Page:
Concerned over perceived cultural appropriation, a group of Inuit musicians that includes Polaris Prize winner Tanya Tagaq have announced they are boycotting the Indigenous Music Awards.
Ms. Tagaq, Kelly Fraser, Kathleen Merritt and others pledged on social media to withdraw their future participation in the annual event until the organization revised its policies and instituted Inuit representation on the IMA board.
“It’s dangerous,” Ms. Merritt, who performs under the name Iva, told The Globe and Mail. “They seem to have no concern over the issue of cultural appropriation within the Indigenous community.”
The bone of contention has to do with Cikwes, a Cree singer and songwriter who sings in Cree and English. She also dabbles in throat singing, a form of musical performance unique to the Inuit culture. Her album Isko is nominated in the folk-music category for the Indigenous Music Awards, to be held May 17 in Winnipeg.
“We respectfully asked the IMAs to remove Cikwes as a nominated artist,” said Ms. Fraser, a Juno-nominated pop and electronic-dance artist originally from Sanikiluaq, Nunavut.
“Until her album is taken off or there is an apology, we are adamant in not putting our music forward for the IMAs."
In response to the concerns raised by Ms. Fraser and the other Inuit musicians, the Manito Ahbee Festival (which oversees the IMAs) released a lengthy statement on Tuesday. Saying they “don’t presume to agree or disagree on this matter at this time,” the festival ruled that Cikwes’s contentious nomination will stand.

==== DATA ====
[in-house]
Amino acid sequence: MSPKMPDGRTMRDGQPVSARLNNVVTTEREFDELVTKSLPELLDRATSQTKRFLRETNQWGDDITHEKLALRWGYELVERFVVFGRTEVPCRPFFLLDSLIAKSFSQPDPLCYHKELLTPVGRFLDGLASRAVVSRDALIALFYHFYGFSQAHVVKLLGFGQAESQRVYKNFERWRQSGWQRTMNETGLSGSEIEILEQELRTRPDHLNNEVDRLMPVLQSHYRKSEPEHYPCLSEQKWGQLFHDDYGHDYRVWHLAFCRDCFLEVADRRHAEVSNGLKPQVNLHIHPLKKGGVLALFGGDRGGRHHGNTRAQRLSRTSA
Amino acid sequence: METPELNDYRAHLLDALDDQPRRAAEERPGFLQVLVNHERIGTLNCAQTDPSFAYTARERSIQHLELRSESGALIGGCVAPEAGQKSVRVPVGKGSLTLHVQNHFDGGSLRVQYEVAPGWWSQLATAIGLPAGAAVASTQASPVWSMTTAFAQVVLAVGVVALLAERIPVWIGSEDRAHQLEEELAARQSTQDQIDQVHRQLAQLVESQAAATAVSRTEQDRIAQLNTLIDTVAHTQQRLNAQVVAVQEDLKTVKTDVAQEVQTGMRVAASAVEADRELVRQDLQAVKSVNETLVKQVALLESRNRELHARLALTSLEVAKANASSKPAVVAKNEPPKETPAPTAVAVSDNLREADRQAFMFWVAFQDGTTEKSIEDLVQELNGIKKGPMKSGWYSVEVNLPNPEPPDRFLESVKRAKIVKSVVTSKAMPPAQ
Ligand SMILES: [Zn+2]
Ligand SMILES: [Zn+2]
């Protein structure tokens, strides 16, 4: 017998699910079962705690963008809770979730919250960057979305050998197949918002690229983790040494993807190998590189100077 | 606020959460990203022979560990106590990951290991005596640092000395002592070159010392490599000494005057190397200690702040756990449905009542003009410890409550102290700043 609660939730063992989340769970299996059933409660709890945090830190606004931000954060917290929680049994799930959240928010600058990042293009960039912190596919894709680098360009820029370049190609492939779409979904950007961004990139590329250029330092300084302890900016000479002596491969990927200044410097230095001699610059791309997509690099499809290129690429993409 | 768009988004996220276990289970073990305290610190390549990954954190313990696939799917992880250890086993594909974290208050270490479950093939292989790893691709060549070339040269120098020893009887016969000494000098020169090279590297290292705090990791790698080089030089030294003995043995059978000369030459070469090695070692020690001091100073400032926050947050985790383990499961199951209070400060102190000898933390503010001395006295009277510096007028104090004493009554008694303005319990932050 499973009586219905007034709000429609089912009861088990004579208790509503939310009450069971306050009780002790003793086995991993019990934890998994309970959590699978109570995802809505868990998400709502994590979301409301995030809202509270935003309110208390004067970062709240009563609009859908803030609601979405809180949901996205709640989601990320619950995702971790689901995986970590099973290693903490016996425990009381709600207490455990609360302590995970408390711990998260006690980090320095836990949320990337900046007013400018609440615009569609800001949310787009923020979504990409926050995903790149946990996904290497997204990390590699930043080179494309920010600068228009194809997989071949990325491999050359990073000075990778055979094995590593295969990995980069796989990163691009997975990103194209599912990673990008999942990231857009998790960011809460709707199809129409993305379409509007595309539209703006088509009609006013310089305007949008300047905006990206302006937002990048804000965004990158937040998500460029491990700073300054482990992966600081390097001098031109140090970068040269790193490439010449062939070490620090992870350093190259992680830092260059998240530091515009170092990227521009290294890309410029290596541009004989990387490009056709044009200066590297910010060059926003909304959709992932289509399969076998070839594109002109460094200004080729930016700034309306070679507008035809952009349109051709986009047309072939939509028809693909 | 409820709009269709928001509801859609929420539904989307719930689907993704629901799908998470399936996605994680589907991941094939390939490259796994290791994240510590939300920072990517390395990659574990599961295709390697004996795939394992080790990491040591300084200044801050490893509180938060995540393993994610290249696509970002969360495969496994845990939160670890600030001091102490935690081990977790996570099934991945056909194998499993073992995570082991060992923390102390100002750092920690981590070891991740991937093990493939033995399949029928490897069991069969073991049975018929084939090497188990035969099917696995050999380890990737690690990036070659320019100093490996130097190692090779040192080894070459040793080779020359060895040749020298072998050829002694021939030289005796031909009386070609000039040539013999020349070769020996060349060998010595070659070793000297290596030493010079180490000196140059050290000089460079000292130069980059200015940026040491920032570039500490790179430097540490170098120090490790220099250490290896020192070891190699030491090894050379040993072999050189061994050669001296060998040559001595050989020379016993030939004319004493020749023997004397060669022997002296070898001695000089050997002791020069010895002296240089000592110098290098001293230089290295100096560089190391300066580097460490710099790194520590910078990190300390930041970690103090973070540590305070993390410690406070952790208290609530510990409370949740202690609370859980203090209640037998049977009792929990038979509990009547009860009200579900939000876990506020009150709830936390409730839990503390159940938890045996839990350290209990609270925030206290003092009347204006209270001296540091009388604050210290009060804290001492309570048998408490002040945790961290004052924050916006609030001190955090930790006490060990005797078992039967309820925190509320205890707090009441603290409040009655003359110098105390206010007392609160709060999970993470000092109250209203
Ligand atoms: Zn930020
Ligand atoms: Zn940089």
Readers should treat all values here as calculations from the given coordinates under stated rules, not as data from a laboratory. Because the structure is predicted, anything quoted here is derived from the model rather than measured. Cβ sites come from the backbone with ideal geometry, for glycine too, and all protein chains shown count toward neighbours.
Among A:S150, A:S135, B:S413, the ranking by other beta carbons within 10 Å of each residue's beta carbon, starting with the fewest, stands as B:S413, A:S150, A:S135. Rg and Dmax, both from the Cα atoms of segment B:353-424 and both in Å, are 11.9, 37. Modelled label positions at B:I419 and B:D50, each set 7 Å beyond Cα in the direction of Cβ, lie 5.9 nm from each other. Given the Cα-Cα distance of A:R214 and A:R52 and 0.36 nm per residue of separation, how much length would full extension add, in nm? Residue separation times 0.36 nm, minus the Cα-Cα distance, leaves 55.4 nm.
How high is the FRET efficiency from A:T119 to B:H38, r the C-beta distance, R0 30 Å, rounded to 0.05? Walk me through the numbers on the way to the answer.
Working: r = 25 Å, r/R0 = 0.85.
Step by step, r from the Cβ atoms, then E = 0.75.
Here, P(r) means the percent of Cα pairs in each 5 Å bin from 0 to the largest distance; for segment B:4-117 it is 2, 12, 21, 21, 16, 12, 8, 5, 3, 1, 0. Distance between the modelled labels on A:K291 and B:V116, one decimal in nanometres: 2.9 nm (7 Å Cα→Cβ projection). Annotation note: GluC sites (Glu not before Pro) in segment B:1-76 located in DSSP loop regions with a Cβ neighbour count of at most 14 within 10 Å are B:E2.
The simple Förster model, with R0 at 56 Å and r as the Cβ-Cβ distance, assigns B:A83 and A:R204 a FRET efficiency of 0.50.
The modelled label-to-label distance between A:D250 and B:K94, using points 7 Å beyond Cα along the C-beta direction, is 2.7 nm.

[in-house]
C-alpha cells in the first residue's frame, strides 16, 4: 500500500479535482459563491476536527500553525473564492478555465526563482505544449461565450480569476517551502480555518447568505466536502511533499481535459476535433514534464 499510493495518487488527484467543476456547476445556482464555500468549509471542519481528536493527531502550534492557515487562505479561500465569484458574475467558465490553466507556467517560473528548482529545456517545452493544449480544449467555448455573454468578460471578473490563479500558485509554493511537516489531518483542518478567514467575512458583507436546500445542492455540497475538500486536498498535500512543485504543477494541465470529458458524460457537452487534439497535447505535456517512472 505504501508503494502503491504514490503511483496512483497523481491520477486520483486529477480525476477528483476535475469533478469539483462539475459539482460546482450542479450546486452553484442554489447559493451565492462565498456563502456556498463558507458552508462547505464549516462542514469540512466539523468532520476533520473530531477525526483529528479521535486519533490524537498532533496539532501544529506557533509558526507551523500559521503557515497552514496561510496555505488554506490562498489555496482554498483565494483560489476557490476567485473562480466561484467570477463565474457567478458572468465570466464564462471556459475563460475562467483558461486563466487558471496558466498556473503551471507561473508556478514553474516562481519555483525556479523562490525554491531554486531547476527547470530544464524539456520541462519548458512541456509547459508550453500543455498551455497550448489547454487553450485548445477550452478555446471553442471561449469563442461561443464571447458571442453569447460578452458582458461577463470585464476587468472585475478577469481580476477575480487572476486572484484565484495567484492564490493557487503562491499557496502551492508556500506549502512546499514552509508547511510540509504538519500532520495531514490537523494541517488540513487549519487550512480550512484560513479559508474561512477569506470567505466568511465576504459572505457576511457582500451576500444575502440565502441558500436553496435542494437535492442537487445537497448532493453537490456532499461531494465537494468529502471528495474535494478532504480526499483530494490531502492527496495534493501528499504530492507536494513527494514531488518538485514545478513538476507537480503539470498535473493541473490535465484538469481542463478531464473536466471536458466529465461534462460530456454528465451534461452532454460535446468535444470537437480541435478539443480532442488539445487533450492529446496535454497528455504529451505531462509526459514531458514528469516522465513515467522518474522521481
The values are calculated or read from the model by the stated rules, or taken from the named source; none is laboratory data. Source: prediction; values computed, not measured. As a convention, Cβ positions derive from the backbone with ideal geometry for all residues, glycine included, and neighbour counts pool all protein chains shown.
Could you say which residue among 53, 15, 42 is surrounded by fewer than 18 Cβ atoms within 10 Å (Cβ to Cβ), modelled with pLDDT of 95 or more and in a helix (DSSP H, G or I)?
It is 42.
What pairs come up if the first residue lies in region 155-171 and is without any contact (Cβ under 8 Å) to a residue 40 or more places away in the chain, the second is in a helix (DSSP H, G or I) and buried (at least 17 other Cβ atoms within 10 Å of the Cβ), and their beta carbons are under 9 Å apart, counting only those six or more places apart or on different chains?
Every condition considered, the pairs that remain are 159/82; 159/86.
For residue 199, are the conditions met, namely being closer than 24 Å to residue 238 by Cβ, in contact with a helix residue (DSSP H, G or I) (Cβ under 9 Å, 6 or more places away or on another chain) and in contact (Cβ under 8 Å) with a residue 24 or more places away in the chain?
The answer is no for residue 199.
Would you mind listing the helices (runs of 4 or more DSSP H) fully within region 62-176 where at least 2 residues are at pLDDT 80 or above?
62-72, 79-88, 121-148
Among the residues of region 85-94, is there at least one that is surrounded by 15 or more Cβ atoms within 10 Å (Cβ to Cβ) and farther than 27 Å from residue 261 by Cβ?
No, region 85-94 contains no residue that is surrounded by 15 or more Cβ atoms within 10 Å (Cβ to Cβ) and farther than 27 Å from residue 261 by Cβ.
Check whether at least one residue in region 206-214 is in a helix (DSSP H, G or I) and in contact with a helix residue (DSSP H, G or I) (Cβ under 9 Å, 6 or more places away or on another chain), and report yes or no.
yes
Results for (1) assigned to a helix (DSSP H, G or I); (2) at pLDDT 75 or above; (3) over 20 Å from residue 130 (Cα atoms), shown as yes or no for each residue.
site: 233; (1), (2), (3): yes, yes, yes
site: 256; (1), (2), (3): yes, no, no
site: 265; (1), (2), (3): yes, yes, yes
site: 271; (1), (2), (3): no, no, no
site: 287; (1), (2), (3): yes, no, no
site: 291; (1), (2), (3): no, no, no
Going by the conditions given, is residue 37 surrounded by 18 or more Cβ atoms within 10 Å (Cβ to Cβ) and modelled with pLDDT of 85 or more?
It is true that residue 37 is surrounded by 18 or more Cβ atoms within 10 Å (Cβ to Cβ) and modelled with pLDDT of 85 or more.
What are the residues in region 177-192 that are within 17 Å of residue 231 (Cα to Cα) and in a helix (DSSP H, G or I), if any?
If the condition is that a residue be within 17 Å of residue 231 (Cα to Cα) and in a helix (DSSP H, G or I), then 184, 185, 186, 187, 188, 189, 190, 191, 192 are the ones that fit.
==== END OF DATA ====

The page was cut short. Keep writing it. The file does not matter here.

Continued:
Cikwes did not respond to a request for comment by The Globe.
On the matter of the makeup of the Manito Ahbee Festival board of governors, the festival stated its intention to add an Inuit representative on the board at its next annual general meeting. As well, the festival said it would develop a policy on cultural appropriation for all artists submitting to the IMAs.
Ms. Tagaq, an internationally known musician and outspoken Inuit throat singer from Iqaluktuutiaq, Nunavut, has been vocal on Twitter in recent days on the subject of throat singing by non-Inuit Indigenous musicians.
“Appropriation can happen internally within our pan-Indigenous umbrella,” she tweeted on March 27.
“Inuit throat songs are not just sounds or vocalizations, they carry our history and culture,” she tweeted two days later. “If you like Inuit throat singing, please hire Inuit throat singers.”
The art of Inuit throat singing includes the employment of both voiced and unvoiced sounds, creating a guttural resonance both through inhalation or exhalation. In 2014, the government of Quebec designated Inuit throat singing as part of the province’s cultural heritage.
The group of Inuit singers had been collectively communicating with the IMA board for more than a month. When the group decided their concerns were not being properly addressed, they decided to publicize the issue by individually withdrawing their support for the awards in unison.
“There’s no reason for anyone other than an Inuk musician to perform as an Inuit throat singer," said Ms. Fraser, who is currently recording her third album, Decolonize, to be released in the fall of this year. “We are here, we are alive and well, and we don’t need other people to mimic our songs.”